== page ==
Hackers exploit Windows zero-day to target users with Office files

The Microsoft Word software on a computer screen
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Microsoft has warned that cyber criminals are exploiting an Internet Explorer flaw to target victims with specially-crafted Microsoft Office documents.

The vulnerability tracked as CVE-2021-40444 is a remote code execution zero-day embedded in MSHTML, also known as the browser engine Trident that powers the now-retired Windows version of Internet Explorer.

It’s rated 8.8 out of ten on the CVSS scale and is under limited and targeted exploitation, according to a security alert released by the company.

Exploitation involves an attacker crafting a malicious ActiveX control to be used by a Microsoft Office document that hosts the browser rendering engine.

ActiveX controls are small programmes, or add-ons, for Internet Explorer and other Windows applications used to build out feature sets and add more functionality.

Once the attacker has written the malicious ActiveX control, to successfully exploit this flaw they would need to convince a user to open the malicious file.

The vulnerability was first detected by Mandiant and EXPMON, with Microsoft refraining to disclose additional exploitation details as well as the identity of the victims exploited by the limited, targeted attacks.

EXPMON has described the exploit as “a highly sophisticated zero-day attack”, and has recommended that Microsoft Office users don’t open any files unless they trust the source.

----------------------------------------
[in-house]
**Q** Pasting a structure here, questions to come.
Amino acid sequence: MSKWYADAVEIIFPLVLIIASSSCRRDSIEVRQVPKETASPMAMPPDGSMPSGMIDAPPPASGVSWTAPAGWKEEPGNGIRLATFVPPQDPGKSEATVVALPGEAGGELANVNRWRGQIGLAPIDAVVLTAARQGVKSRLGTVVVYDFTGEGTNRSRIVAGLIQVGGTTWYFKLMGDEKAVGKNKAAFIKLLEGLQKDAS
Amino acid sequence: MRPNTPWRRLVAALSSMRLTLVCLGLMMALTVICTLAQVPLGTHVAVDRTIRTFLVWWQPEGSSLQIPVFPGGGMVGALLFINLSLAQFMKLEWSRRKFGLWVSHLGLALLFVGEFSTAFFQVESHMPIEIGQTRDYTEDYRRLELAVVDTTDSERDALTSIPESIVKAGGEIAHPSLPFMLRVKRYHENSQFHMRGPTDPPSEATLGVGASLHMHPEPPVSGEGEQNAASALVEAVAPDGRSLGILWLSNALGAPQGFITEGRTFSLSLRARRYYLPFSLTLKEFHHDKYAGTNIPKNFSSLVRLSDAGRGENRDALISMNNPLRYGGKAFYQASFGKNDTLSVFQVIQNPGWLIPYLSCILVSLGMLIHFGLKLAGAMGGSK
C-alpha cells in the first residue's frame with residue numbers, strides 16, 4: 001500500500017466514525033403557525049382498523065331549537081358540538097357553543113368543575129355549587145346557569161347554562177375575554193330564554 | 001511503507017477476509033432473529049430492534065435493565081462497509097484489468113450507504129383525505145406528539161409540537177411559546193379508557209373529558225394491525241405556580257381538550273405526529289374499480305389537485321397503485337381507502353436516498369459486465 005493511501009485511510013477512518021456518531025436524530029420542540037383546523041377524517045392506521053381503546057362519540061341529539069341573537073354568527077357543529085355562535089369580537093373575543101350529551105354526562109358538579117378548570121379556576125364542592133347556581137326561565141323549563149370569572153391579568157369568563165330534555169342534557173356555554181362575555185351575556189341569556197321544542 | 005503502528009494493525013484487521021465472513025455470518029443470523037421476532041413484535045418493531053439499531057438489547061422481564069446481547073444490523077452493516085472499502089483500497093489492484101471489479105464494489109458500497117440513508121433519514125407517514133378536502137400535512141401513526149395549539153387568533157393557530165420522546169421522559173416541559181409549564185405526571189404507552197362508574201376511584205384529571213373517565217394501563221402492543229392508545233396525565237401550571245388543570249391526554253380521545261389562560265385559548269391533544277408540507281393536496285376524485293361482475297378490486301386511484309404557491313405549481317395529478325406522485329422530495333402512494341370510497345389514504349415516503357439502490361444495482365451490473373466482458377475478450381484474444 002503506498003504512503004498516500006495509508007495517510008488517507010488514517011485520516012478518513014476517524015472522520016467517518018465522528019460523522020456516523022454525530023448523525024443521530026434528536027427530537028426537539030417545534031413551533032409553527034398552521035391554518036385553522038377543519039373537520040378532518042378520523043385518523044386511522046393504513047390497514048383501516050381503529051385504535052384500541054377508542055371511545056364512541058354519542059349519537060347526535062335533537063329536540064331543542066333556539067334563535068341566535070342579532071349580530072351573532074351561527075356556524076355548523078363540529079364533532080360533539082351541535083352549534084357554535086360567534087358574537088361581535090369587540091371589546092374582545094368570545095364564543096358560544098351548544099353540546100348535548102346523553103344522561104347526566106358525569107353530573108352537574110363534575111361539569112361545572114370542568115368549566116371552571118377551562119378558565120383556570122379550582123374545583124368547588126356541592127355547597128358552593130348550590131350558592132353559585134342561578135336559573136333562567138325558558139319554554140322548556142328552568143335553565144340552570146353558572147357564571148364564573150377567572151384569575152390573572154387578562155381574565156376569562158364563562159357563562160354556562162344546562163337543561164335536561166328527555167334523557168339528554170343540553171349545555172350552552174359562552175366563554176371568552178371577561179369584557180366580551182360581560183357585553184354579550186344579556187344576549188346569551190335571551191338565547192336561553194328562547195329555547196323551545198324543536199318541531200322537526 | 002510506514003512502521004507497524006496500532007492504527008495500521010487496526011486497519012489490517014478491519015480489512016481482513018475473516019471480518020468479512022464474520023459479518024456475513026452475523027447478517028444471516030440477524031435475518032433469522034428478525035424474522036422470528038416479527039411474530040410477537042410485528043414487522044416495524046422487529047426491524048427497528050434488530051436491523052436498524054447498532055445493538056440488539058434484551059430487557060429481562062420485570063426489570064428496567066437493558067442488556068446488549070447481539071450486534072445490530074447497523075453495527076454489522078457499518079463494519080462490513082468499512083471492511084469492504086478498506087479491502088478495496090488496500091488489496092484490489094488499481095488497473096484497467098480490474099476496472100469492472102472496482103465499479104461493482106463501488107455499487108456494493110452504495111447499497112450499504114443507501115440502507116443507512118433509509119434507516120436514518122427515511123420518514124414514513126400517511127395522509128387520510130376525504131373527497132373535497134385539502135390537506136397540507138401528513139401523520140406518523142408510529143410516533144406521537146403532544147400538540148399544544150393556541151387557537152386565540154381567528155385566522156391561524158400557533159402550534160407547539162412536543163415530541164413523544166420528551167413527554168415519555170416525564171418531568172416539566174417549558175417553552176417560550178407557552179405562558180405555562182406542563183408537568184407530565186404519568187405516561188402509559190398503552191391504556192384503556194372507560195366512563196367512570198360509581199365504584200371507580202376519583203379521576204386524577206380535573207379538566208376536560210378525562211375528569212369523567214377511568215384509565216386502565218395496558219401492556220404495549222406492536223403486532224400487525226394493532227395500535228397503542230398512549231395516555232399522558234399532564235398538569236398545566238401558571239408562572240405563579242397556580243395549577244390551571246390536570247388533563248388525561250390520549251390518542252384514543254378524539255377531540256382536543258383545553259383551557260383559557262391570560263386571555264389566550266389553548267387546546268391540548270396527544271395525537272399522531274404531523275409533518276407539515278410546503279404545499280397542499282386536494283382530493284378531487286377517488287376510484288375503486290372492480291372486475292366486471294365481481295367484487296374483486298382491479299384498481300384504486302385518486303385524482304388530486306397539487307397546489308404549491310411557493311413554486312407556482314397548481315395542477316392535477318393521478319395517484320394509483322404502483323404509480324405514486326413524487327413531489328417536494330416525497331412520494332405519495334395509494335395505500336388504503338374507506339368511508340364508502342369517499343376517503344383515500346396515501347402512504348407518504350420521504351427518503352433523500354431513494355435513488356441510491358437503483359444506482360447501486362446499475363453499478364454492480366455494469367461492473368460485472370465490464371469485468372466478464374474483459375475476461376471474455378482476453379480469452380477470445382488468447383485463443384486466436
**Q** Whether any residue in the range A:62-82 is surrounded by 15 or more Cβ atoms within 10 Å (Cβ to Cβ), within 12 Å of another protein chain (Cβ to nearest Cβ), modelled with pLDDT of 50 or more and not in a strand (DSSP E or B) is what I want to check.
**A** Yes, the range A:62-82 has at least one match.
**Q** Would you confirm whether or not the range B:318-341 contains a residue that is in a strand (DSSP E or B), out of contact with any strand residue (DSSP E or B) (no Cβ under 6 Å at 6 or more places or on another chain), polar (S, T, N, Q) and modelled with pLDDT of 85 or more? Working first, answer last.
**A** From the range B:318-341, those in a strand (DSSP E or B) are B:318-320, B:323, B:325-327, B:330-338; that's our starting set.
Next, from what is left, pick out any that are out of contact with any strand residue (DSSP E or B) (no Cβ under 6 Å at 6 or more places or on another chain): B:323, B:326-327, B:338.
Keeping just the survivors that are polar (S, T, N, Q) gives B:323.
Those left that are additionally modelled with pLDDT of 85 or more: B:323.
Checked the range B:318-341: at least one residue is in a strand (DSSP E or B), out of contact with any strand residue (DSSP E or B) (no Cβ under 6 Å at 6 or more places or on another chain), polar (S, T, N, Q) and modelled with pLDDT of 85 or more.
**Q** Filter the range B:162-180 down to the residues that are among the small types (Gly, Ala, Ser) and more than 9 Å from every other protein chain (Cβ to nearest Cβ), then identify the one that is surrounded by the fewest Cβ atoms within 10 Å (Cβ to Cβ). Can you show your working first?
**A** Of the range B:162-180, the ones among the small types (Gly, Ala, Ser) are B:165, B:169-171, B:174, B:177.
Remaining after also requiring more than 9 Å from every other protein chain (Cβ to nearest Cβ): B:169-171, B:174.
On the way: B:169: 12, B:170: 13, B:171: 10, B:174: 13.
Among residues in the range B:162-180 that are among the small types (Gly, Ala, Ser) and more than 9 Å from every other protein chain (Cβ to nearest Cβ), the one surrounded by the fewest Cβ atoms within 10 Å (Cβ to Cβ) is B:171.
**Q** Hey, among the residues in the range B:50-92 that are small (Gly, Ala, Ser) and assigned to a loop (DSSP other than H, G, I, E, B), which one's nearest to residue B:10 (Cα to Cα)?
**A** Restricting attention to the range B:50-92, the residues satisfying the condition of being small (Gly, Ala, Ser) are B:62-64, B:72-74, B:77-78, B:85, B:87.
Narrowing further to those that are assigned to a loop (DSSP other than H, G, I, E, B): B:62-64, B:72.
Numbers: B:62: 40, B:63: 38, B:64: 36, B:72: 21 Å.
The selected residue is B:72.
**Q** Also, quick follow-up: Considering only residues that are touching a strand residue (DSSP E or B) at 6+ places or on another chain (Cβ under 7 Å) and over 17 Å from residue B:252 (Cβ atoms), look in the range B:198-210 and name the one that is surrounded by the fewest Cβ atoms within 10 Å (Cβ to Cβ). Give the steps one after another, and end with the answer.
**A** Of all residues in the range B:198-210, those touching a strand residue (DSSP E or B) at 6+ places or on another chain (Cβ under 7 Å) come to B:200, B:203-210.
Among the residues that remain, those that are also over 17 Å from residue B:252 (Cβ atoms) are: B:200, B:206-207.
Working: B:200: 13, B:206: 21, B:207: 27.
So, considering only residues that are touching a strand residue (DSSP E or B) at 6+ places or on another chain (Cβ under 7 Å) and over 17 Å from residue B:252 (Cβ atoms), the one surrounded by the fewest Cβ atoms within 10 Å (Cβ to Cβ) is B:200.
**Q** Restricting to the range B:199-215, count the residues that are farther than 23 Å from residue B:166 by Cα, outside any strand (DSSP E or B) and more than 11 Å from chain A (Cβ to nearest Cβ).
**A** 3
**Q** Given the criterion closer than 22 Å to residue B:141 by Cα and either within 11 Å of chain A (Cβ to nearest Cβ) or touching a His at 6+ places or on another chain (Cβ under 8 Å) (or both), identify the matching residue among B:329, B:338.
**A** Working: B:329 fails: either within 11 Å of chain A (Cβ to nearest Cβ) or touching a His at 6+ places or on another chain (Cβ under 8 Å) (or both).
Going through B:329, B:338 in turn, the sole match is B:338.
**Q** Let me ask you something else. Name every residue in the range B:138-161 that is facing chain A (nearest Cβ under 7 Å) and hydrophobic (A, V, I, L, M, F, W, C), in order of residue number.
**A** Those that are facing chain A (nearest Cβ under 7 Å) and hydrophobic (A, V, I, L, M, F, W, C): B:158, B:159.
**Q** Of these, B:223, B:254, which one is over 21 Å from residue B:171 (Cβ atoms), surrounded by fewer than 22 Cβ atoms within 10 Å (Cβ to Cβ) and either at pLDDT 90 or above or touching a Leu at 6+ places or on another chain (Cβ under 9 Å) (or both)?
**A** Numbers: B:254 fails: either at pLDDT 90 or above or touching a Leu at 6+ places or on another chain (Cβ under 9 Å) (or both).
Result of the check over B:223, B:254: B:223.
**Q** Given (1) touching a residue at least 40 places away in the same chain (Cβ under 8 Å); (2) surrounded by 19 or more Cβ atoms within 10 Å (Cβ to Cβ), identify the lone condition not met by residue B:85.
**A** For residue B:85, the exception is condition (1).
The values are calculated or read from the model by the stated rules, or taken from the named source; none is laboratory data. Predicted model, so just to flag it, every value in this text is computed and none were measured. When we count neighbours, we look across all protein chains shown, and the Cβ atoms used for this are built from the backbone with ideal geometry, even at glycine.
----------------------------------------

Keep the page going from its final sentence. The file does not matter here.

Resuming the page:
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The firm has reproduced the attack on the latest Office 2019 and Office 365 suites on Windows 10. The researchers also said this exploit uses “logical flaws” so the exploitation is perfectly reliable and dangerous.

Users whose accounts are configured to have fewer user rights on the system won’t be as badly affected as those who retain administrative privileges, however.

There are a couple of additional mitigations that Microsoft has advised users could prevent exploitation, including opening all documents from the internet in Protected View or through Application Guard. Both of these methods will prevent the current attack.

The firm has also recommended that users disable the installation of all ActiveX controls in Internet Explorer. This can be accomplished for all sites by updating the registry. Previously installed ActiveX controls will continue to run, but these don’t expose this vulnerability.

Users need to take care, though, as using the Registry Editor incorrectly might lead to serious problems that require users to reinstall their operating systems.

Keumars Afifi-Sabet

Keumars Afifi-Sabet is a writer and editor that specialises in public sector, cyber security, and cloud computing. He first joined ITPro as a staff writer in April 2018 and eventually became its Features Editor. Although a regular contributor to other tech sites in the past, these days you will find Keumars on LiveScience, where he runs its Technology section.